In the Fireworks Tent
Just outside the Springfield city limits, Elden Moore is decorating his "Crazy Dave's" fireworks tent on east Sunshine. Having just finished hanging plastic American flags outside his tent, Moore paused to talk about the fireworks business.
Moore, who says he is retired, has managed the same fireworks stand for 20 years. Before that, he worked at the Red Rocket fireworks warehouse in Strafford. After more than three decades, Moore says selling fireworks is a business he still loves.
Despite the brief selling season, Moore says running a fireworks outlet is a lot of work. It takes six months to prepare for the season, and all sorts inspections and licenses are necessary before his tent can open.
Because the tent is full of explosives, fire safety is the primary concern. Smoking is prohibited within fifteen feet of the tent, fire extinguishers are handy, and Moore pays close attention to the tent's electrical wiring. But severe weather, Moore says, is the biggest threat to a tent full of fireworks. High winds cans also be a problem.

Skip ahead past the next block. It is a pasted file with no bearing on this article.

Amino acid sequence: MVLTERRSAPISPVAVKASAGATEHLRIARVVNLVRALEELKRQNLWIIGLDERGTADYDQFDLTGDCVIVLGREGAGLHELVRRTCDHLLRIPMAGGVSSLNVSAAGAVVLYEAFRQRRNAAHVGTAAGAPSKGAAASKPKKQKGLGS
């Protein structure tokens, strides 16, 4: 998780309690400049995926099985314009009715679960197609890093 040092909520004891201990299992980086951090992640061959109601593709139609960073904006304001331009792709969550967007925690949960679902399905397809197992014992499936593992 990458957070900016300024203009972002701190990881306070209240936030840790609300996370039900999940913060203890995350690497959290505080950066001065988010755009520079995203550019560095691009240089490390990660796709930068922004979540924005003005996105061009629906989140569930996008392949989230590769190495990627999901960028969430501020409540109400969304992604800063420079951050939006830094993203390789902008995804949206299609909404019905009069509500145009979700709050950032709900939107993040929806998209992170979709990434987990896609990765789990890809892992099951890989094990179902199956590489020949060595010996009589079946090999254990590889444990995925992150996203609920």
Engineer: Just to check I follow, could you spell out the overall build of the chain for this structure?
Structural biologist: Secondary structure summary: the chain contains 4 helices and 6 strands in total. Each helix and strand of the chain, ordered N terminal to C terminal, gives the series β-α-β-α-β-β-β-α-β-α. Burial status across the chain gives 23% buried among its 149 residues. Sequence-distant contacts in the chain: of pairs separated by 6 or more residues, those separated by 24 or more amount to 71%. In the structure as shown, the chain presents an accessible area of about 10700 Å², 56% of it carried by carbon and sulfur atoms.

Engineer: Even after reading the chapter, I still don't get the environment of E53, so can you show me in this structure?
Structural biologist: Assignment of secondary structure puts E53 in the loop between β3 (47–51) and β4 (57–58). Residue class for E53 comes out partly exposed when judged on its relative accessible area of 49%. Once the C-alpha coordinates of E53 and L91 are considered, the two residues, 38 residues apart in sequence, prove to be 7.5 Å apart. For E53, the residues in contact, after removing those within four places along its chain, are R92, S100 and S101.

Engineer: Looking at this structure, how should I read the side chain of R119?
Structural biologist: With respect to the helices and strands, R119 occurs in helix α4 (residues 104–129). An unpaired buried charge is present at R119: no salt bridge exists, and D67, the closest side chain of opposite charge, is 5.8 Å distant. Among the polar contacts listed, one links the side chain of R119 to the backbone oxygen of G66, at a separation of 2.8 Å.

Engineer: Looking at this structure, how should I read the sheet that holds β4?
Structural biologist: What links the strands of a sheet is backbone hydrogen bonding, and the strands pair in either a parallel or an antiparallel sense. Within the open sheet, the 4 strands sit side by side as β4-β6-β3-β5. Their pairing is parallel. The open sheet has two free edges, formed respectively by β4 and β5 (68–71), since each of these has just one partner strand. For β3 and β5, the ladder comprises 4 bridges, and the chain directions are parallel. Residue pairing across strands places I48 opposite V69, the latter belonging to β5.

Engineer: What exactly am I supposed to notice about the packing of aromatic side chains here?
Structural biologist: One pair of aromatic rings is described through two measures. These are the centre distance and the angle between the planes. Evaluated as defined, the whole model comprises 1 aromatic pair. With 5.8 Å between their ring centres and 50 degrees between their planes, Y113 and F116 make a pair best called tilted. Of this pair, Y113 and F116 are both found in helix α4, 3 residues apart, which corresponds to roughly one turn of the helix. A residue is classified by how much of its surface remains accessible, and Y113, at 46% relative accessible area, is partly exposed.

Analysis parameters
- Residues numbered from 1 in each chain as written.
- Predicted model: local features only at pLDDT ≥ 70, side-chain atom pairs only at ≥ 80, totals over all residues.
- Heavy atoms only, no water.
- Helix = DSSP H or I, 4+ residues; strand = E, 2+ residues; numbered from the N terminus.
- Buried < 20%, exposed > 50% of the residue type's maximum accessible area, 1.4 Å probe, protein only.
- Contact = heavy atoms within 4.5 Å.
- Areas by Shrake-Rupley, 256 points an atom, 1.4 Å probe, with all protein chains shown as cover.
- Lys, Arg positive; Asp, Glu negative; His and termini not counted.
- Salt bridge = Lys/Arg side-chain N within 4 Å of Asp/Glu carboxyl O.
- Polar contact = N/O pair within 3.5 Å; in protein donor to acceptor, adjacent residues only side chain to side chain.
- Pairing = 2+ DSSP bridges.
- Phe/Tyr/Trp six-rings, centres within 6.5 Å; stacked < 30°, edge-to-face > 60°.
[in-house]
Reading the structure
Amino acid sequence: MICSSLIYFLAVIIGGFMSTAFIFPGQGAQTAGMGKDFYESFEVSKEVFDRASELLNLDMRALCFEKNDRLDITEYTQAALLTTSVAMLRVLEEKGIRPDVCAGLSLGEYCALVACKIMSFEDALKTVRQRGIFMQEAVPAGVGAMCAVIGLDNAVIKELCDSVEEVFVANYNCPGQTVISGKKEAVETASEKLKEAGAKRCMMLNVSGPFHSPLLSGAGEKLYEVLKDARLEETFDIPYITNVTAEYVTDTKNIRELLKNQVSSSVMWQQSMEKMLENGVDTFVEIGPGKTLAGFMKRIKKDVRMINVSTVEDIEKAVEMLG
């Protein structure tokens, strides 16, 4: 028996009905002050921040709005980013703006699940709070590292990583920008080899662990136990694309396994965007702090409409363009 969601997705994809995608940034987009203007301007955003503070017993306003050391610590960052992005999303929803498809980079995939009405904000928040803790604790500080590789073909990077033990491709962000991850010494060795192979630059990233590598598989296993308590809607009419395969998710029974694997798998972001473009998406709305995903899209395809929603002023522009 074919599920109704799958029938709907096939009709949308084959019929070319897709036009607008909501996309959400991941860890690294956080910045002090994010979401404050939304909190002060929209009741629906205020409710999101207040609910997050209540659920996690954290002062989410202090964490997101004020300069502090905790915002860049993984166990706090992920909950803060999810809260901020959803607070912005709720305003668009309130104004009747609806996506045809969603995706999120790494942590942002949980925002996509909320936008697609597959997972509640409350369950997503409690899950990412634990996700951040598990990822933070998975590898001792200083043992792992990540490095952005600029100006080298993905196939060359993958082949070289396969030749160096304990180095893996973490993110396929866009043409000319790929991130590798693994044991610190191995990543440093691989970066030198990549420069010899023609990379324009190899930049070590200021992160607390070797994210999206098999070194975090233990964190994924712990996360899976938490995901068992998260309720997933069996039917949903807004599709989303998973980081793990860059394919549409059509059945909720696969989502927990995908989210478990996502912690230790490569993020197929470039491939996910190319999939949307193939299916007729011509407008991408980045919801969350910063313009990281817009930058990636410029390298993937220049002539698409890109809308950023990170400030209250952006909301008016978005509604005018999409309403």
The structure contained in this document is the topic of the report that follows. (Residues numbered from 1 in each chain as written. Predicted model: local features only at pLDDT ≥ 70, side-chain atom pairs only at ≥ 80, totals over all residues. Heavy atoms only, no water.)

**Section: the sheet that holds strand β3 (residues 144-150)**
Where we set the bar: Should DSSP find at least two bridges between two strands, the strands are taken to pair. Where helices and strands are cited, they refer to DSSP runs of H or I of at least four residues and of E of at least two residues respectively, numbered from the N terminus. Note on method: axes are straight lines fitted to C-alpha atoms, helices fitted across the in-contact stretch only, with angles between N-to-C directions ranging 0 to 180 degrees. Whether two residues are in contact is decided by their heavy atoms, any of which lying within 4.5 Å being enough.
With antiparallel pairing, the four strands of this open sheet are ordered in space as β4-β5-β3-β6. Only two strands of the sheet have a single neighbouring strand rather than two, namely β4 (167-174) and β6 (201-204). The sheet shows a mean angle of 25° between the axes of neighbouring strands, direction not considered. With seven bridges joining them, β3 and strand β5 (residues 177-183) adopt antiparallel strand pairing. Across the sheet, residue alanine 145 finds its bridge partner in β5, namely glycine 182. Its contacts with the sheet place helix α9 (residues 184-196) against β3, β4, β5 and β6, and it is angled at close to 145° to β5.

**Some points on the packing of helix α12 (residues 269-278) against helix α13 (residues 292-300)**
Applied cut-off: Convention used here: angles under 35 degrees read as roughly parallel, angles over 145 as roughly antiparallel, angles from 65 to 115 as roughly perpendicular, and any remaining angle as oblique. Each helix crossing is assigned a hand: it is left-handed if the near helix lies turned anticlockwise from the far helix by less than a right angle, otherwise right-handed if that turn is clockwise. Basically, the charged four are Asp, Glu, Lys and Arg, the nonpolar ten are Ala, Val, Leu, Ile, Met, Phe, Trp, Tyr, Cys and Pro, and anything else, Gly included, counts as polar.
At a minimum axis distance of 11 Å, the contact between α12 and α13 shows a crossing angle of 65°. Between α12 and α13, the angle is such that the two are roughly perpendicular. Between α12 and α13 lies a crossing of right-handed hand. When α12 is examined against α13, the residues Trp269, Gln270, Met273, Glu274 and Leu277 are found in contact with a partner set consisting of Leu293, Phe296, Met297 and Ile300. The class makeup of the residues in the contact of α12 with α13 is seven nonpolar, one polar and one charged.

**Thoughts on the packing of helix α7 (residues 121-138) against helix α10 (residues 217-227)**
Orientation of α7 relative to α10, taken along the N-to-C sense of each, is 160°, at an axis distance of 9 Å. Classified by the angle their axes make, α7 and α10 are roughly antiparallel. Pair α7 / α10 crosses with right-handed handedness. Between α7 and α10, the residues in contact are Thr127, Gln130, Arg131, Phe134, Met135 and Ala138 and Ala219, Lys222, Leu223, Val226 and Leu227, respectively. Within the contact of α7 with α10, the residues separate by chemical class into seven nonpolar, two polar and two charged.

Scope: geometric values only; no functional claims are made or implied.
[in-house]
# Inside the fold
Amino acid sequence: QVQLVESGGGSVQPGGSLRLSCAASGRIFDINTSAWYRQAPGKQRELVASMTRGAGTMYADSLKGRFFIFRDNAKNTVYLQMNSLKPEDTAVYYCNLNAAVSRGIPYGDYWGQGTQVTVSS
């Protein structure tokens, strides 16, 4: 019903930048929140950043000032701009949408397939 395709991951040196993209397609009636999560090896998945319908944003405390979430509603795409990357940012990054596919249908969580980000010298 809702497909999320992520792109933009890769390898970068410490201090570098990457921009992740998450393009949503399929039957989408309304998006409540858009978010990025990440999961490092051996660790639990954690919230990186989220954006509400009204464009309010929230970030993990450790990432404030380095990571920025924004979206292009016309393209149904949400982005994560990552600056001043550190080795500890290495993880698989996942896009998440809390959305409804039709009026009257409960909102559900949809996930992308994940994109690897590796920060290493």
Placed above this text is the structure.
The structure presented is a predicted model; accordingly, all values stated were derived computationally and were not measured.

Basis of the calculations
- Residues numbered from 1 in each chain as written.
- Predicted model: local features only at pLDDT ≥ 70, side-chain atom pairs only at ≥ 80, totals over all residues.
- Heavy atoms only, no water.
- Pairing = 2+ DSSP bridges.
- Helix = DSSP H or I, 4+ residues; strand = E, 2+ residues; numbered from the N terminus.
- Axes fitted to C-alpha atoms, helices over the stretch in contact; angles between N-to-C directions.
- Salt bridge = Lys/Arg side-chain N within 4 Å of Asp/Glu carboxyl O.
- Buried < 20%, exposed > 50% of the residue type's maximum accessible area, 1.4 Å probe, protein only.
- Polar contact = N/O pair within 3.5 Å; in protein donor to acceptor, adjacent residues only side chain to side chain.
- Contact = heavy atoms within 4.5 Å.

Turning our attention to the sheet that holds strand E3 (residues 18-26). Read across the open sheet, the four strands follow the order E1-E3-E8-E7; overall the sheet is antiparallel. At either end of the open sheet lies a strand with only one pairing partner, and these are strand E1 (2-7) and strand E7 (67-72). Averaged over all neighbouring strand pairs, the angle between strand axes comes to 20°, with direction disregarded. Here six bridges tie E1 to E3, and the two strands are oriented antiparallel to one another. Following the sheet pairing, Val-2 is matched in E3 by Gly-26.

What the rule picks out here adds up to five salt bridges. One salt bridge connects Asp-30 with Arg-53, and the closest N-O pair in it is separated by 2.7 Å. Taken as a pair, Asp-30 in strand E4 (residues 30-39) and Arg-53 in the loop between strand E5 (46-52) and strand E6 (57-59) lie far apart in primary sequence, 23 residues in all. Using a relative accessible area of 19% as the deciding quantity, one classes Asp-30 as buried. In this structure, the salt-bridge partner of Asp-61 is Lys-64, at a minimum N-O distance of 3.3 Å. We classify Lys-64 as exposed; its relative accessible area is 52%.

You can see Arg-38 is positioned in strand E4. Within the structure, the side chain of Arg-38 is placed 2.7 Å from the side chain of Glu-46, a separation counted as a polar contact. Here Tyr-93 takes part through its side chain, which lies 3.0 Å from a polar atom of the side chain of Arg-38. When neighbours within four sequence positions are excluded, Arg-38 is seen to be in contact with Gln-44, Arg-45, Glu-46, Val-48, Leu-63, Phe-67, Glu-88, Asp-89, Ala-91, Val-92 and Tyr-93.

Because of the recent surge in American patriotism, fireworks vendors are expecting a record year in sales. Patriotism is also reflected in the names of fireworks this year. Others are named just for fun.
Eldon Moore keeps his fireworks tent open until July fifth. Then he takes a few days off before a belated holiday celebration in Elkland, Missouri.
After Independence Day celebrations wind down, Moore starts getting ready for the next season-- New Year's Eve, in Louisiana-- where Moore runs another fireworks stand throughout the Christmas season. From Crazy Dave's fireworks stand, I'm Jenny Fillmer for KSMU news.